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Teacher as a Sensei? (Read 2262 times)

Offline Mayla

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Teacher as a Sensei?
« on: March 22, 2014, 04:13:35 PM »
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"The greatest thing in this world is not so much where we are, but in what direction we are moving"  ~Oliver Wendell Holmes

Offline kevin69

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Re: Teacher as a Sensei?
«Reply #1 on: March 24, 2014, 10:30:27 AM »
I think this sort of apprenticeship it no longer that common today (in europe at least).
However, in academia i think it still exists between a PhD student and their supervisor.
For me an important part of this is that while you start off in a student/teacher relationship the end goal is to be working as equals, and that this should be acheived within a fairly strict timeframe too.


Offline Bob

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Re: Teacher as a Sensei?
«Reply #2 on: March 24, 2014, 11:00:07 AM »
Master-apprentice I'd agree.  Except I don't think the teacher can know all that.  I wouldn't trust them to. 

"Teacher as guide" is what I'd go with.  Or just 'person as guide.'  You can pick things up from someone even if they're not a teacher. 
Favorite new teacher quote -- "You found the only possible wrong answer."

Offline faulty_damper

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Re: Teacher as a Sensei?
«Reply #3 on: March 25, 2014, 06:58:41 AM »
When I was in music school, when the teacher was away on tour during the summers, he would have his students house sit.  They would hang out at his place, play on his Steinway, drink his wine, eat his cheese, and smoke pot.  I don't think this is the kind of student-teacher relationship you're referring to.  ;D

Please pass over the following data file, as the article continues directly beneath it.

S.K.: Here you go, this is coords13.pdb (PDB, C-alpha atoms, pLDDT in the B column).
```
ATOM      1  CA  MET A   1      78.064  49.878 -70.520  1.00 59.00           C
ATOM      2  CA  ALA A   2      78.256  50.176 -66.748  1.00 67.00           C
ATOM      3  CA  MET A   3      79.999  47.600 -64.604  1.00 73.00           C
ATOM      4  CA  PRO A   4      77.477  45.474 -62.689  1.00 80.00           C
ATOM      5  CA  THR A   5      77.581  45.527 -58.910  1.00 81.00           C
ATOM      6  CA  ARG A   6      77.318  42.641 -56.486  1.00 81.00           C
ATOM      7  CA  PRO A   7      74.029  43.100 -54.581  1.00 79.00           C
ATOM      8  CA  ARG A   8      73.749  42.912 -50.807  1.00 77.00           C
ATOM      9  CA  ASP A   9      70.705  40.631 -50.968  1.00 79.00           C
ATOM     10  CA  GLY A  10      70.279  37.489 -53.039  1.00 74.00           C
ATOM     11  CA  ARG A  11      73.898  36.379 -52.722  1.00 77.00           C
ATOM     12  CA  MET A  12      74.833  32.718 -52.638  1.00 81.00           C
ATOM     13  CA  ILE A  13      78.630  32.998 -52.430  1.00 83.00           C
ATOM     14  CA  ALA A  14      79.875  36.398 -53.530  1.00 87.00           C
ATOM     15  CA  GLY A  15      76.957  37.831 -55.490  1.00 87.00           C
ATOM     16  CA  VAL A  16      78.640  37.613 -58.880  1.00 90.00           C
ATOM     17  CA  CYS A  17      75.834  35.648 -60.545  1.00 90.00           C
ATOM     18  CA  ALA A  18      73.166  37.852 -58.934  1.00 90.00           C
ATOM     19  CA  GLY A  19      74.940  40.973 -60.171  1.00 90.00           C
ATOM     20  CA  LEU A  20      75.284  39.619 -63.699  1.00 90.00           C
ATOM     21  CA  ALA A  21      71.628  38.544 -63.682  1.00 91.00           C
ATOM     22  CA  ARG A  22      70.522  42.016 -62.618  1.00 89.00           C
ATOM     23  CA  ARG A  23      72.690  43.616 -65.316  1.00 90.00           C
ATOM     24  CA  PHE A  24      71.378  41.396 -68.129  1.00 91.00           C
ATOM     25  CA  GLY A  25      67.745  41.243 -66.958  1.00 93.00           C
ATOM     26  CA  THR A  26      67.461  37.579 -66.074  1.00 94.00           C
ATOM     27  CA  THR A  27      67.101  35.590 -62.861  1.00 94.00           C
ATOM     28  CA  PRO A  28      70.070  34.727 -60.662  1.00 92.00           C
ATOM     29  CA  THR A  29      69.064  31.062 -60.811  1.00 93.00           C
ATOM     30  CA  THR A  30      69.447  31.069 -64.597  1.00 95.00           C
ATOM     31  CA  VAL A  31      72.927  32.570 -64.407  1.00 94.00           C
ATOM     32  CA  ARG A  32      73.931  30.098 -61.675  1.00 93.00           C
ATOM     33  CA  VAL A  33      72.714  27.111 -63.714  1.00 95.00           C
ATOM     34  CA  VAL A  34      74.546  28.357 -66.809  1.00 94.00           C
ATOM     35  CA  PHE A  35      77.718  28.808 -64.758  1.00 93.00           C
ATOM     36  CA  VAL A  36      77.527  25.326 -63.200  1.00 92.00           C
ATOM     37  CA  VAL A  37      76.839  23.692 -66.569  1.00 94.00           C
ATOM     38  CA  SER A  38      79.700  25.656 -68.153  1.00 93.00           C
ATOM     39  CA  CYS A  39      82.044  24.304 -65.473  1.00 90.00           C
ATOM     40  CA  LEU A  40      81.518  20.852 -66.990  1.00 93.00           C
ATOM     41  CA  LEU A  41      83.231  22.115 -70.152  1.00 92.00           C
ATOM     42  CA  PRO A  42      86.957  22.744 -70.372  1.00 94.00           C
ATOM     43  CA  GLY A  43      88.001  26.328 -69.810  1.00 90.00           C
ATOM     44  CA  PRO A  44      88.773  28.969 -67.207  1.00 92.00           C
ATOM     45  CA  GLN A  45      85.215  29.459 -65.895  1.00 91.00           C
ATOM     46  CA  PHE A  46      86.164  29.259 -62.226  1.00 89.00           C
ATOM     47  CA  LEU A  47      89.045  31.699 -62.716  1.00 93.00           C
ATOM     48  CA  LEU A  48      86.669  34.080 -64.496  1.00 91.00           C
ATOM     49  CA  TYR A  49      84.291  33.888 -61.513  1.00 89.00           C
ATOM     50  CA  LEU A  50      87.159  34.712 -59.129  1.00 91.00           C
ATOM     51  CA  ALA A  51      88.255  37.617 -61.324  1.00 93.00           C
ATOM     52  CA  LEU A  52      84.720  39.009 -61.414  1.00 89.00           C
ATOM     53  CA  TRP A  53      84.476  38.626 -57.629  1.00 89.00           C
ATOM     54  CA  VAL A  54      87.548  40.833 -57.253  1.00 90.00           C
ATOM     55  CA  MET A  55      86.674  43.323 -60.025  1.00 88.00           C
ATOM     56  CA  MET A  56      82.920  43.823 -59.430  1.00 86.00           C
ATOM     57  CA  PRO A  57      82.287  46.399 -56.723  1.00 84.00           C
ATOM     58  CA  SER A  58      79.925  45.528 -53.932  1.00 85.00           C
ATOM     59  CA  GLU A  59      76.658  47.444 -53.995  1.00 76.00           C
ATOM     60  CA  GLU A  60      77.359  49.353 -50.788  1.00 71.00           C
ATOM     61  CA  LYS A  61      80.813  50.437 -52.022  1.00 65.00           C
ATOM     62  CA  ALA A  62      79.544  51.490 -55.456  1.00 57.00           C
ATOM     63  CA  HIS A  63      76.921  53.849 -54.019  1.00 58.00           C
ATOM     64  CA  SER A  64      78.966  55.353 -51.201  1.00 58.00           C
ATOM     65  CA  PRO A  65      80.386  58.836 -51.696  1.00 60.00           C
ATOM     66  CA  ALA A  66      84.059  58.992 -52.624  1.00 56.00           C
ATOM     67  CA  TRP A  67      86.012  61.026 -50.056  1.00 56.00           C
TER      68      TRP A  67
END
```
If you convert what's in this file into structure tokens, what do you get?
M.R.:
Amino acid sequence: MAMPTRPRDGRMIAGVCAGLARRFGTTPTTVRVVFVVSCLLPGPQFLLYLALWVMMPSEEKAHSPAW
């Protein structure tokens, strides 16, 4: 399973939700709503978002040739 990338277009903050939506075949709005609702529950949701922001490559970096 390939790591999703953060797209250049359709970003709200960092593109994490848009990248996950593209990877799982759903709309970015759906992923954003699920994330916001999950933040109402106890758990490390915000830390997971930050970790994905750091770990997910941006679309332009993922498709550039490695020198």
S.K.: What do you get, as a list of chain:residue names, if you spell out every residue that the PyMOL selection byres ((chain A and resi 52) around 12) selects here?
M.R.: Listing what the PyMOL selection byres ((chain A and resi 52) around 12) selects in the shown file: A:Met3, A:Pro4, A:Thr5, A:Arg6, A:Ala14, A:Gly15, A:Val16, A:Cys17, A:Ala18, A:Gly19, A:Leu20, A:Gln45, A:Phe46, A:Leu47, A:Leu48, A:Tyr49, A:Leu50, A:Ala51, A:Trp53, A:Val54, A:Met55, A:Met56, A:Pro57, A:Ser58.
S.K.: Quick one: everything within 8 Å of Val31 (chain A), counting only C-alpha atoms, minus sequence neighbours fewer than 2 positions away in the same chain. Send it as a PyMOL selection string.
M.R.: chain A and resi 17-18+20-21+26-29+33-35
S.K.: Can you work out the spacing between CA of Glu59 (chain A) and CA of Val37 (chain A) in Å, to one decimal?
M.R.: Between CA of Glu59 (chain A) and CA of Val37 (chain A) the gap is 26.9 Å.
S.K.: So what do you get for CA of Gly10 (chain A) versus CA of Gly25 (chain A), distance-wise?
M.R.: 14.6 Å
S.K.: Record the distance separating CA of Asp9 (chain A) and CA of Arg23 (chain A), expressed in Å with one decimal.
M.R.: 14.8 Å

Anyway, what you refer to is a master-disciple relationship, not the Western student-teacher relationship, which is different.  A master is someone who has complete command of his field of expertise while a teacher rarely has such command or knowledge.  A disciple will learn everything  from his/her master and creativity is strongly discouraged.  A student is expected to learn on his/her own and figure things out for him/herself.  There will only be a couple of disciples per master but there can be thousands of students per teacher.  A disciple must carry and pass on the tradition whereas a student can do whatever s/he chooses including forget everything s/he learned.

Offline pianoslav

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Re: Teacher as a Sensei?
«Reply #4 on: March 25, 2014, 05:18:58 PM »
I agree with you. You can observe this teaching model in some of the great recent pianists. For example, Sviatoslav Richter had an ongoing, lifelong relationship and mentorship from Heinrich Neuhaus. Neuhaus speaks about this in his book, The Art of Piano Playing. Also, Evgeny Kissin had a pretty close relationship with his teacher Anna Kantor, whom he continued to learn from long after he was world famous, and would travel with him to his concerts. I'm sure that there are more, less-famous examples of this as well (those pianists whose parents play piano fairly well and become musical mentors for them, until their children outgrow their level).

I'm not saying this is the only model of student-teacher relationship, because there are many great pianists who went to conservatory, where they took classes from many different teachers and never really became close with them. However, this model still gives results like it did in hundreds of years ago.

Offline Mayla

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Re: Teacher as a Sensei?
«Reply #5 on: March 31, 2014, 05:06:16 PM »
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"The greatest thing in this world is not so much where we are, but in what direction we are moving"  ~Oliver Wendell Holmes

Offline Mayla

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Re: Teacher as a Sensei?
«Reply #6 on: March 31, 2014, 07:01:12 PM »
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"The greatest thing in this world is not so much where we are, but in what direction we are moving"  ~Oliver Wendell Holmes